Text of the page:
Newman’s Theory of Health as Expanding Consciousness

Contributor: Jacqueline Fawcett
September 3, 2018

Author – Margaret A. Newman, RN, PhD, FAAN, LL (Living Legend)

Year First Published – 1979

© 2018 Jacqueline Fawcett

Major Concepts


  •  Movement-Space-Time
  • Rhythm
  • Diversity



  • Phenomenon of Interest
  • Engaging of the Practitioner/Researcher with the Client/Participant: The Meeting and Interview
  • Transcription
  • Development of a Narrative–Pattern Recognition
  • Diagram–Pattern Recognition
  • Follow-Up Meeting(s)–Pattern Recognition
  • Application of the Theory of Health as Expanding Consciousness

A grand theory of nursing.

Brief Description

Newman’s work focuses on health as the expansion of consciousness. The goal of nursing “is not to make people well, or to prevent their getting sick, but to assist people to utilize the power that is within them as they evolve toward higher levels of consciousness” (Newman, M. A. (1979). Theory development in nursing (p. 67). Philadelphia, PA: F.A. Davis.)

Primary Sources

Newman, M. A. (1979). Theory development in nursing. Philadelphia, PA: F.A. Davis.

Newman, M. A. (1981). The meaning of health. In G.E. Lasker (Ed.), Applied systems and cybernetics: Proceedings of the International Congress on Applied Systems Research and Cybernetics: Vol. 4. Systems research in health care, biocybernetics and ecology (pp. 1739–1743). New York, NY: Pergamon.

Newman, M. A. (1983). Newman’s health theory. In I. Clements & F. Roberts (Eds.), Family health: A theoretical approach to nursing care (pp. 161–175). New York, NY: Wiley.

Newman, M. A. (1986). Health as expanding consciousness. St. Louis, MO: Mosby.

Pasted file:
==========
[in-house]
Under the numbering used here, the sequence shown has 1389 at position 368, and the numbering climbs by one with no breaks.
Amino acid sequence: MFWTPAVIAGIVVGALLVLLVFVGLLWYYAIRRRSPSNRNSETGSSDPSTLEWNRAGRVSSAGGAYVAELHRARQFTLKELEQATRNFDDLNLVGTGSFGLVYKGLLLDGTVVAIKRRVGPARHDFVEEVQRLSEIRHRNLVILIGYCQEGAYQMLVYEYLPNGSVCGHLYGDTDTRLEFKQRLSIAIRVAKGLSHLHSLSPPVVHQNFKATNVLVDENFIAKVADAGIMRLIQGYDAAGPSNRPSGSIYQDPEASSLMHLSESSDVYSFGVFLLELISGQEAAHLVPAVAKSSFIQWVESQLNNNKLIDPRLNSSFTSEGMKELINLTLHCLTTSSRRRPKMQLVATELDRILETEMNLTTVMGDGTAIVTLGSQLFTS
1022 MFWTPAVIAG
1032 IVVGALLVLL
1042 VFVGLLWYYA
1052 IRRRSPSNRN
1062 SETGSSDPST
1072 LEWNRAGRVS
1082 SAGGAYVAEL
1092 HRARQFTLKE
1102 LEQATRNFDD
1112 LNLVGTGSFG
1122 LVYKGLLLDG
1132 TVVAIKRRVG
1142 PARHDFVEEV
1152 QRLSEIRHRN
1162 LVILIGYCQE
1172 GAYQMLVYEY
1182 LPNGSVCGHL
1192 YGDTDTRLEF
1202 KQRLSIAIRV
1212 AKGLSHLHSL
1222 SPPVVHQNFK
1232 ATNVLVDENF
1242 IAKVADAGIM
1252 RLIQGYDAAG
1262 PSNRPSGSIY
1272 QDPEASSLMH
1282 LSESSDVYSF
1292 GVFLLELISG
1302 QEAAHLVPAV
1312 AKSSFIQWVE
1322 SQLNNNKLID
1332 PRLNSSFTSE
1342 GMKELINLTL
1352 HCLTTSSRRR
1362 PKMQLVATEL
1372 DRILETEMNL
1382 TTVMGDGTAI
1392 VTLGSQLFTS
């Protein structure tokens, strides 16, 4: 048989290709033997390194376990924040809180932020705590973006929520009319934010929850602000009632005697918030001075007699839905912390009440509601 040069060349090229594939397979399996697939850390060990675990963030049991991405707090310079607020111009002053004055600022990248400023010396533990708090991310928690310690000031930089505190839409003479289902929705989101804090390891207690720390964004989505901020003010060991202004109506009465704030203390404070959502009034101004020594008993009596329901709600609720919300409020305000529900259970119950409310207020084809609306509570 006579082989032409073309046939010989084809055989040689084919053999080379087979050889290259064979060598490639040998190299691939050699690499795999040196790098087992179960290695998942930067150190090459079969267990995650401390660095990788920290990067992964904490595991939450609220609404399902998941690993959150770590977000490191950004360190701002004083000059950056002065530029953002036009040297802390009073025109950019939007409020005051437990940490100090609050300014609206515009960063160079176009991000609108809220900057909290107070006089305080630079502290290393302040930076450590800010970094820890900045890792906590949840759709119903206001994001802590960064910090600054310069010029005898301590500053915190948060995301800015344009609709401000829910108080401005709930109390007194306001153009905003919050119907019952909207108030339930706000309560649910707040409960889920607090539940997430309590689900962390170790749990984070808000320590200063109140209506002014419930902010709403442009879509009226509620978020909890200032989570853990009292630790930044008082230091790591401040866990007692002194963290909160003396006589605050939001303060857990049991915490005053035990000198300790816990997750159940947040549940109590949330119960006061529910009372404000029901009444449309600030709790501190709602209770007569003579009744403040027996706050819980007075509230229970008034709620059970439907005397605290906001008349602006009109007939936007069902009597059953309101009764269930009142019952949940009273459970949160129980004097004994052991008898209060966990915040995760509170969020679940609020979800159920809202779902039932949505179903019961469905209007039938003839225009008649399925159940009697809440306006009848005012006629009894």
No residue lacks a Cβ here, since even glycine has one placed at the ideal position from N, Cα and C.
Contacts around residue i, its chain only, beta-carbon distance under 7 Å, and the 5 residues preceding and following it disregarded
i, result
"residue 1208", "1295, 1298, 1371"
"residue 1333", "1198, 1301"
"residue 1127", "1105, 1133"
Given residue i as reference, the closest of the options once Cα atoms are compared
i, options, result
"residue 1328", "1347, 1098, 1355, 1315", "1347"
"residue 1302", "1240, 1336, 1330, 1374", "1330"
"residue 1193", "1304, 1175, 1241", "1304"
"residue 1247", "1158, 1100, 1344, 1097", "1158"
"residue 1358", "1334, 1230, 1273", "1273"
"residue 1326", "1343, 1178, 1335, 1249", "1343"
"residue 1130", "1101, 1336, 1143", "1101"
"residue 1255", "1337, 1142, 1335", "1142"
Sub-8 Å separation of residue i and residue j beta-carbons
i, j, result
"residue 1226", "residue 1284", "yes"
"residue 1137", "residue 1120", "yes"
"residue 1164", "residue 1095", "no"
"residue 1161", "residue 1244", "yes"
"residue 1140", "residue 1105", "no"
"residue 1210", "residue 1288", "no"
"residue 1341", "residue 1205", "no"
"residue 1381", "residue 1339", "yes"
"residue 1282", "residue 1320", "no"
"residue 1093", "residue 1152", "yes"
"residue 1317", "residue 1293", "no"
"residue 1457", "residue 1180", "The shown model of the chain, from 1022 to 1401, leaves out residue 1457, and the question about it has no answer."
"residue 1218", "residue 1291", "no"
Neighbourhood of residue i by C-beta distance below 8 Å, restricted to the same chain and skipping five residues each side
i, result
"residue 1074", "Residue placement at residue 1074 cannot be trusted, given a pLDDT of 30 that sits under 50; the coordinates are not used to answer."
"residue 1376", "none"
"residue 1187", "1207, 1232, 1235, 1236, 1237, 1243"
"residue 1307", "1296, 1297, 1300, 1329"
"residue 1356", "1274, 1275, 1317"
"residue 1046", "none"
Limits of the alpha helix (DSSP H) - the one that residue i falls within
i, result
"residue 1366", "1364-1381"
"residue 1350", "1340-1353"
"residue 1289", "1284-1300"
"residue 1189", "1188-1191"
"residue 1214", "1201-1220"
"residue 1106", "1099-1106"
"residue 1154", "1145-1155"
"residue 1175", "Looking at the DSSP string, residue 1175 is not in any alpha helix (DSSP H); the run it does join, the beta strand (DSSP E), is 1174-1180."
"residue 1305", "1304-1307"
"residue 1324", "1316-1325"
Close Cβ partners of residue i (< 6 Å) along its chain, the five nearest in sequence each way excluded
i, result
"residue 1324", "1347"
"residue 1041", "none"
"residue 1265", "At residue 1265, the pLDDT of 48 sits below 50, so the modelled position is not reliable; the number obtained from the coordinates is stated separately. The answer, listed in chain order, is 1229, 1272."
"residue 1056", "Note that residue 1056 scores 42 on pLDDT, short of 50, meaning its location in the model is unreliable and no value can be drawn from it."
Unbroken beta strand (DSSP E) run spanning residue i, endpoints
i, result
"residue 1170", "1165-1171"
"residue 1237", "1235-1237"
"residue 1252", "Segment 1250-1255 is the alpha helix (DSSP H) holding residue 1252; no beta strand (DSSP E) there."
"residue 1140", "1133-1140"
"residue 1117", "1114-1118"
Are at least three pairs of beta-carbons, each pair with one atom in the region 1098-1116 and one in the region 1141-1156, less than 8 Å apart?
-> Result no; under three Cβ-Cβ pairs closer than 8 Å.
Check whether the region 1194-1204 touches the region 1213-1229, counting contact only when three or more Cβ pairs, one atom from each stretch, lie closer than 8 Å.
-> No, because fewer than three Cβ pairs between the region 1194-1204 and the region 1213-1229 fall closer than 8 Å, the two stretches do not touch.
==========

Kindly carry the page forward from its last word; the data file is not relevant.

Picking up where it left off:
Newman, M. A. (1990b). Shifting to higher consciousness. In M.E. Parker (Ed.), Nursing theories in practice (pp. 129–139). New York, NY: National League for Nursing.

Newman, M. A. (1992). Nightingale’s vision of nursing theory and health. In F. Nightingale, Notes on nursing: What it is, and what it is not (Commemorative edition, pp. 44–47). Philadelphia, PA: Lippincott. [Original work published in 1859.]

Newman, M. A. (1992). Window on health as expanding consciousness. In M. O’Toole (Ed.), Miller Keane encyclopedia and dictionary of medicine, nursing, and allied health (5th ed., p. 650). Philadelphia, PA: Saunders.

Newman, M. A. (1994). Health as expanding consciousness (2nd ed.). New York, NY: National League for Nursing. [Reprinted 2000. Sudbury, MA: Jones and Bartlett.]

Newman, M. A. (1995). A developing discipline: Selected works of Margaret Newman. New York, NY: National League for Nursing Press.

Newman, M. A. (1997). Evolution of the theory of health as expanding consciousness. Nursing Science Quarterly, 10, 22–25.

Newman, M. A. (1997). Experiencing the whole. Advances in Nursing Science, 20(1), 34–39.

Newman, M. A. (2002). The pattern that connects. Advances in Nursing Science, 24(3), 1-7.

Newman, M. A. (2003). A world of no boundaries. Advances in Nursing Science, 26, 240-245.

Newman, M. A. (2008). Transforming practice: The difference that nursing makes. Philadelphia, PA: F. A. Davis

Newman, M. A., & Jones, D. A. (2007). Experiencing the whole: Health as expanding consciousness (state of the art). In C. Roy & D. A. Jones (Eds.), Nursing knowledge development and clinical practice (pp. 119-128). New York, NY: Springer.

Picard, C., & Jones, D. (Eds.). (2005). Giving voice to what we know: Margaret Newman’s theory of health as expanding consciousness in practice, research, and education. Sudbury, MA: Jones and Bartlett.


Margaret A. Newman (1933 – )


  • BS in Home Economics and English (1954) Baylor University, Waco, TX
  • BS in Nursing (1962), University of Tennessee, Memphis
  • MS in Medical-Surgical Nursing and Teaching (1964), University of California, San Francisco
  • PhD in Nursing (1971), New York University, New York, NY


  • Faculty positions at University of Tennessee, Memphis; New York University (1971-1977); Pennsylvania State University (1977-1984); and the University of Minnesota (1984-1996).(From and Brown, J. W. (2010). Health as expanding consciousness. In M. R. Alligood & A. M. Tomey, Nurse theorists and their work, (pp. 480-502). St. Louis, MO: Mosby Elsevier.)